While investing in DC torque tools can save time while ensuring better accuracy, keeping them well-maintained is the secret to reducing critical assembly errors. If a tool isn’t calibrated correctly, it can cause torque misreadings. And applying too much or little torque increases the risks of end-user injury and product damage. 

As a plant supervisor, your responsibility is to ensure your tool inventory is properly maintained and serviced. In this blog post, we’ll cover the best maintenance practices for electric torque wrenches, impact wrenches, nutrunners, and screwdrivers and the best way to consistently stay on top of maintenance. 

Maintenance Tips for Electric Torque Wrenches

A Cleco electric torque wrench is being tested on a specialty Cleco test stand

DC electric torque wrenches significantly decrease lead time and can be programmed for numerous multi-step fastening processes.

To ensure problem-free operation, perform regular maintenance checks and tasks, including:

  • Periodically recalibrate to manufacturer specifications. Generally, a torque wrench should be recalibrated every 100,000 cycles or at least once a year, but calibration recommendations will vary from manufacturer to manufacturer.
  • Perform thorough visual inspections before and after every use.
  • Lubricate the head using a manufacturer-recommended lubricant, typically a light oil or grease.
  • Keep the wrench clean, and never use abrasive cleaners. 

If your wrench is making unusual sounds, is giving off a burnt odor, or isn’t performing like it used to, you need to have it serviced immediately.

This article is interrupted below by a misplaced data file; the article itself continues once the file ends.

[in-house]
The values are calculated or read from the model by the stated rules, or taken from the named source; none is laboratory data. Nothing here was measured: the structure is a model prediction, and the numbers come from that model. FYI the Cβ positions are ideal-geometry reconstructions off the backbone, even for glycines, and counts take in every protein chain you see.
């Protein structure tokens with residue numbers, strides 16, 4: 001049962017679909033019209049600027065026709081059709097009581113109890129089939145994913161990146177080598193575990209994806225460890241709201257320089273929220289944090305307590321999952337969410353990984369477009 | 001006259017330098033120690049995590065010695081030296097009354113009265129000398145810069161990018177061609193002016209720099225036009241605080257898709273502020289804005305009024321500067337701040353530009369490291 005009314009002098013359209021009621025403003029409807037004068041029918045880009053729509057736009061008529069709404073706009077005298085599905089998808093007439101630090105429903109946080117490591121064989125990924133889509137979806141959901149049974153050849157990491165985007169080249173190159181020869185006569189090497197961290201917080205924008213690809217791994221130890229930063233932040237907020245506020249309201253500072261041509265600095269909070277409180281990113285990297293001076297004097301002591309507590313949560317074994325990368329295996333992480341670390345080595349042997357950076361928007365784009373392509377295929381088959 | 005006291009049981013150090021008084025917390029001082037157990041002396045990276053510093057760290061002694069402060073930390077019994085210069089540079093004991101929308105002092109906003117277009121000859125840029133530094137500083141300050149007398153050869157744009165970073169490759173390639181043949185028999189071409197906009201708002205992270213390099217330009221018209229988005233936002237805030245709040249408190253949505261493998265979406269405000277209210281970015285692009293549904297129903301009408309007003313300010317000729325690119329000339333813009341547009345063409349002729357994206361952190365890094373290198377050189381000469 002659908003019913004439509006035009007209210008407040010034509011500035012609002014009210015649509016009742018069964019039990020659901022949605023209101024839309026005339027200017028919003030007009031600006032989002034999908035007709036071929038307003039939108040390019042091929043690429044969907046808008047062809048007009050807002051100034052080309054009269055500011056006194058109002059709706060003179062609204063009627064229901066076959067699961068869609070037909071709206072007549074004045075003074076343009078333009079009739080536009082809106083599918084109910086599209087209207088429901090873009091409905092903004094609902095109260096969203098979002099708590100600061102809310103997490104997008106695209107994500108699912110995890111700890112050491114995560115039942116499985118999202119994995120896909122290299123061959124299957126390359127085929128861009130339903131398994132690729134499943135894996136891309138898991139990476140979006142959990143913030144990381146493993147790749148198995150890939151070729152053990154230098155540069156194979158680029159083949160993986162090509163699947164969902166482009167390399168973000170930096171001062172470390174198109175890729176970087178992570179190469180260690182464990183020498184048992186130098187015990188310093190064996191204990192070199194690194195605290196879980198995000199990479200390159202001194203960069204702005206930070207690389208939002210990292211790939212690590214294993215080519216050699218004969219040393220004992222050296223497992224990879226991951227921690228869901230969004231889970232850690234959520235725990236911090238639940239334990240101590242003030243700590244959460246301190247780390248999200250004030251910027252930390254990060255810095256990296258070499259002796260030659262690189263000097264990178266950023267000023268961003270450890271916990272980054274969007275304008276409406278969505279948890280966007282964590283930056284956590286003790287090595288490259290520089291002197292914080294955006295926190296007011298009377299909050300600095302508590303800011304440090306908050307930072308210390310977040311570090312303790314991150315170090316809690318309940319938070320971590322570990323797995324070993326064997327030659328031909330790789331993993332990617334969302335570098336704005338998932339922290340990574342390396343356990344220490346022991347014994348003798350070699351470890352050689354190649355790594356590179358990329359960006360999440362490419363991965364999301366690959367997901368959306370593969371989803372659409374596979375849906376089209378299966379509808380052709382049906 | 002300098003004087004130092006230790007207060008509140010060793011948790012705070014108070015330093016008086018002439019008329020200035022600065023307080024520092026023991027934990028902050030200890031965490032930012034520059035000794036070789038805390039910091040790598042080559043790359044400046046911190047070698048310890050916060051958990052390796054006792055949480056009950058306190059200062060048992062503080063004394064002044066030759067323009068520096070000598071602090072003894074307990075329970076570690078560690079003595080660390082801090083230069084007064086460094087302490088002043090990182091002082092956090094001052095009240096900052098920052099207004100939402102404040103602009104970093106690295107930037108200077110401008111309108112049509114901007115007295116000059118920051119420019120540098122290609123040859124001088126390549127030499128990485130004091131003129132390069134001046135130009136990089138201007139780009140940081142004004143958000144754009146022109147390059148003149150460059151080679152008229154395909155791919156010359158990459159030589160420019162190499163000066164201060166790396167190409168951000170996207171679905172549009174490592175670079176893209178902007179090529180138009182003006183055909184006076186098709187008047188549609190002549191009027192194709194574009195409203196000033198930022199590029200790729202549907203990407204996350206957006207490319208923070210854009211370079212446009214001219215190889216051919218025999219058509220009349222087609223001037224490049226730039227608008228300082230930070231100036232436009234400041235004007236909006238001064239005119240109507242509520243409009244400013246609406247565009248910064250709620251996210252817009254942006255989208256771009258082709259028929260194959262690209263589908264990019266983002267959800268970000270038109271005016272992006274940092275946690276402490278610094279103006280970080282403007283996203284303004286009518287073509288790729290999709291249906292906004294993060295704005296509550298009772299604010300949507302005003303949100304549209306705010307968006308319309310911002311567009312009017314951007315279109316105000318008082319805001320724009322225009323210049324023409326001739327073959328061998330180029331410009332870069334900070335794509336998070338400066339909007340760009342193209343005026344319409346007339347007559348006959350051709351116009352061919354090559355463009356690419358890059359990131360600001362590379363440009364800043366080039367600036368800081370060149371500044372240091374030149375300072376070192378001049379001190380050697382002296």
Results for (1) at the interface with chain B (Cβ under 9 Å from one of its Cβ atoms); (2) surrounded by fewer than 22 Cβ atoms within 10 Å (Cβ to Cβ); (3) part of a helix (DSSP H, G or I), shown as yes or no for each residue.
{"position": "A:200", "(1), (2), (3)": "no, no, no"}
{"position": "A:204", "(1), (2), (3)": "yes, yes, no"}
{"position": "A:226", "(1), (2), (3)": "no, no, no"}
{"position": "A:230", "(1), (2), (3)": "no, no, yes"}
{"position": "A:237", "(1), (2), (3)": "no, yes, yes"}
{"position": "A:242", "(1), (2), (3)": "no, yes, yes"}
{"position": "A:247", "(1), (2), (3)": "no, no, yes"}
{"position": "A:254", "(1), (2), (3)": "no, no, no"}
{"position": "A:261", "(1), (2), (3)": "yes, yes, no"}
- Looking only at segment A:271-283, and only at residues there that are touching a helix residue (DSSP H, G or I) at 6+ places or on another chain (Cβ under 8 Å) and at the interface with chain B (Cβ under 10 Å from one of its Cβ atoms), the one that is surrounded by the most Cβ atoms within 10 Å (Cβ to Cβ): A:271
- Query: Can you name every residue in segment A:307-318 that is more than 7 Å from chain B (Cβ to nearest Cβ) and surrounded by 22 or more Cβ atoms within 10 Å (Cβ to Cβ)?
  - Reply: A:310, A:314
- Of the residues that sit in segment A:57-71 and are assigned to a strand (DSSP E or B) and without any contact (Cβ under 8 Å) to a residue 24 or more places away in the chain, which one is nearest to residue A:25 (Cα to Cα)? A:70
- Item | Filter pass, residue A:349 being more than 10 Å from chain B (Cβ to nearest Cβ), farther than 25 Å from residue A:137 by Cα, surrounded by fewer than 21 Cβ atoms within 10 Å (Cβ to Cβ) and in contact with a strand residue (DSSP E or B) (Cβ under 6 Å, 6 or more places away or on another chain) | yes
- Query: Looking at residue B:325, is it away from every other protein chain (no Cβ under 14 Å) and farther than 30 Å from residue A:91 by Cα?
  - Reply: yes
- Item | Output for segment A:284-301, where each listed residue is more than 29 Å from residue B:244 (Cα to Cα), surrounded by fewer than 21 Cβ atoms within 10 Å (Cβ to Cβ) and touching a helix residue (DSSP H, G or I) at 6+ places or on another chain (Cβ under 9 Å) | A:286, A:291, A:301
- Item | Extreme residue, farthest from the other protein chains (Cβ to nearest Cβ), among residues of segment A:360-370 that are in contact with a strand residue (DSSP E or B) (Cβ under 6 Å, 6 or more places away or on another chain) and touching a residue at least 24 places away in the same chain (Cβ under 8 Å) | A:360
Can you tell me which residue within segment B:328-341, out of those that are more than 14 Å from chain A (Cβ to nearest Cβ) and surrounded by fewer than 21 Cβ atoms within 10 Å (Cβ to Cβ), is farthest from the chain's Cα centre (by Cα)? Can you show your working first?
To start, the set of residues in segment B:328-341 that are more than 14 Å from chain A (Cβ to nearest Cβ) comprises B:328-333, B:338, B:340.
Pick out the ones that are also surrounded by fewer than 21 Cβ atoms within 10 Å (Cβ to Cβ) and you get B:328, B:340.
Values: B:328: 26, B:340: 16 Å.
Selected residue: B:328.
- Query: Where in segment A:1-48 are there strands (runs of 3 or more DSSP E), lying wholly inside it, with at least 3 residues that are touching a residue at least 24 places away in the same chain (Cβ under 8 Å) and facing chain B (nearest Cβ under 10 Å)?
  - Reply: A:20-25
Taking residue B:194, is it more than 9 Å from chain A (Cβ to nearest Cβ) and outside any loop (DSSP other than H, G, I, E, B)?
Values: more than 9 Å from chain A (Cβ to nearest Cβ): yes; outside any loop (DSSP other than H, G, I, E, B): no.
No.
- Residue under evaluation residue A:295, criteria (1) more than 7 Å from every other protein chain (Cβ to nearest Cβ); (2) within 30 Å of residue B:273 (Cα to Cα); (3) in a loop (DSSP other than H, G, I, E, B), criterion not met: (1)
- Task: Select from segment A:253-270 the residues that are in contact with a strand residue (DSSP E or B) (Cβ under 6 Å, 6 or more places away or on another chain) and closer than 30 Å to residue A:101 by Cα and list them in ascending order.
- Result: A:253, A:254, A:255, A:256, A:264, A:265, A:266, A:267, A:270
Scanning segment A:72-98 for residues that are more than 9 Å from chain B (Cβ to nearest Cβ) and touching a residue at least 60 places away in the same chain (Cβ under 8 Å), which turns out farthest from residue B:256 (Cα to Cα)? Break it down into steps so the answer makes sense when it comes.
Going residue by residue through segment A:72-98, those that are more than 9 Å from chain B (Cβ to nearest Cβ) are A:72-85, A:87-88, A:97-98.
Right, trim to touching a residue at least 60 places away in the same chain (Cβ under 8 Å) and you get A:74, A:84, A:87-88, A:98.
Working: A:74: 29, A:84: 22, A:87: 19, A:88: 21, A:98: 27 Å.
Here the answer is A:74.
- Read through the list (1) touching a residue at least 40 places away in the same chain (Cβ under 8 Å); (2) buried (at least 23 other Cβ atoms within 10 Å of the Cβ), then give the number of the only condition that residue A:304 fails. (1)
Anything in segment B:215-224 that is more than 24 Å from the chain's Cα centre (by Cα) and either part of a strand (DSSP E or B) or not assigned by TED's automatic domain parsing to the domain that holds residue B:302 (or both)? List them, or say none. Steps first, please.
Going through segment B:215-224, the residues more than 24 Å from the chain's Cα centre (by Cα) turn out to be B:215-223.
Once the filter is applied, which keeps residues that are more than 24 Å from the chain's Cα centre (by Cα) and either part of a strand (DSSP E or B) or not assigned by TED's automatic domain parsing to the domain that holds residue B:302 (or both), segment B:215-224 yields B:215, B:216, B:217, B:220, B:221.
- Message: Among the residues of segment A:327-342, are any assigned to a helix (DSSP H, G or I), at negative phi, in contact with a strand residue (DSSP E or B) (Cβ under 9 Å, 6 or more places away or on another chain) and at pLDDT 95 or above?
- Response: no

Maintenance Tips for DC Impact Wrenches

DC impact wrenches don’t need to be maintained that often, but it is important to visually inspect them and clean them daily to ensure no fluid leaks are present. If your impact wrench is running slower or you’re not getting enough torque when fastening, you need to have it serviced. 

A planetary gearbox is being cleaned and lubricated. There are 9 needle rollers that have been removed from the gearbox.

General maintenance tips for a DC impact wrench include:

  • Disassemble the body casing and visually inspect internal components for damage. Please note that you always need to unplug corded impact wrenches before disassembly. If it’s cordless, be sure to detach the battery.
  • Wash old grease off of the planetary gearbox and ring gear. Avoid using abrasive cleaners.
  • Lubricate bearings and gears per manufacturer instructions. You don’t need to go heavy on the lubrication. Oil lubricants are generally used when lubricating impact wrenches, but the manufacturer will always recommend a specific grade.
  • Inspect the cord (if it’s a corded model) for signs of wear and tear. 

Maintenance Tips for DC Electric Nutrunners

A technician is displaying a Stanley E33 electric nutrunner

Like torque and impact wrenches, electric nutrunners have various manufacturer-specific maintenance recommendations. Always refer to your product’s user manual for precise guidance. General DC nutrunner maintenance tips include:

  • Always disconnect the nutrunner from its power source.
  • Always use soft, lint-free cloths, and avoid harsh chemical cleaners.
  • Use an appropriate lubricant to treat the spindle assembly. As with all DC torque tools, the manufacturer will recommend the best lubricant type and grade to use. 
  • If the nutrunner is transducerized, avoid disconnecting or damaging the transducer wiring during disassembly.
  • Reassemble all components at manufacturer-recommended torque.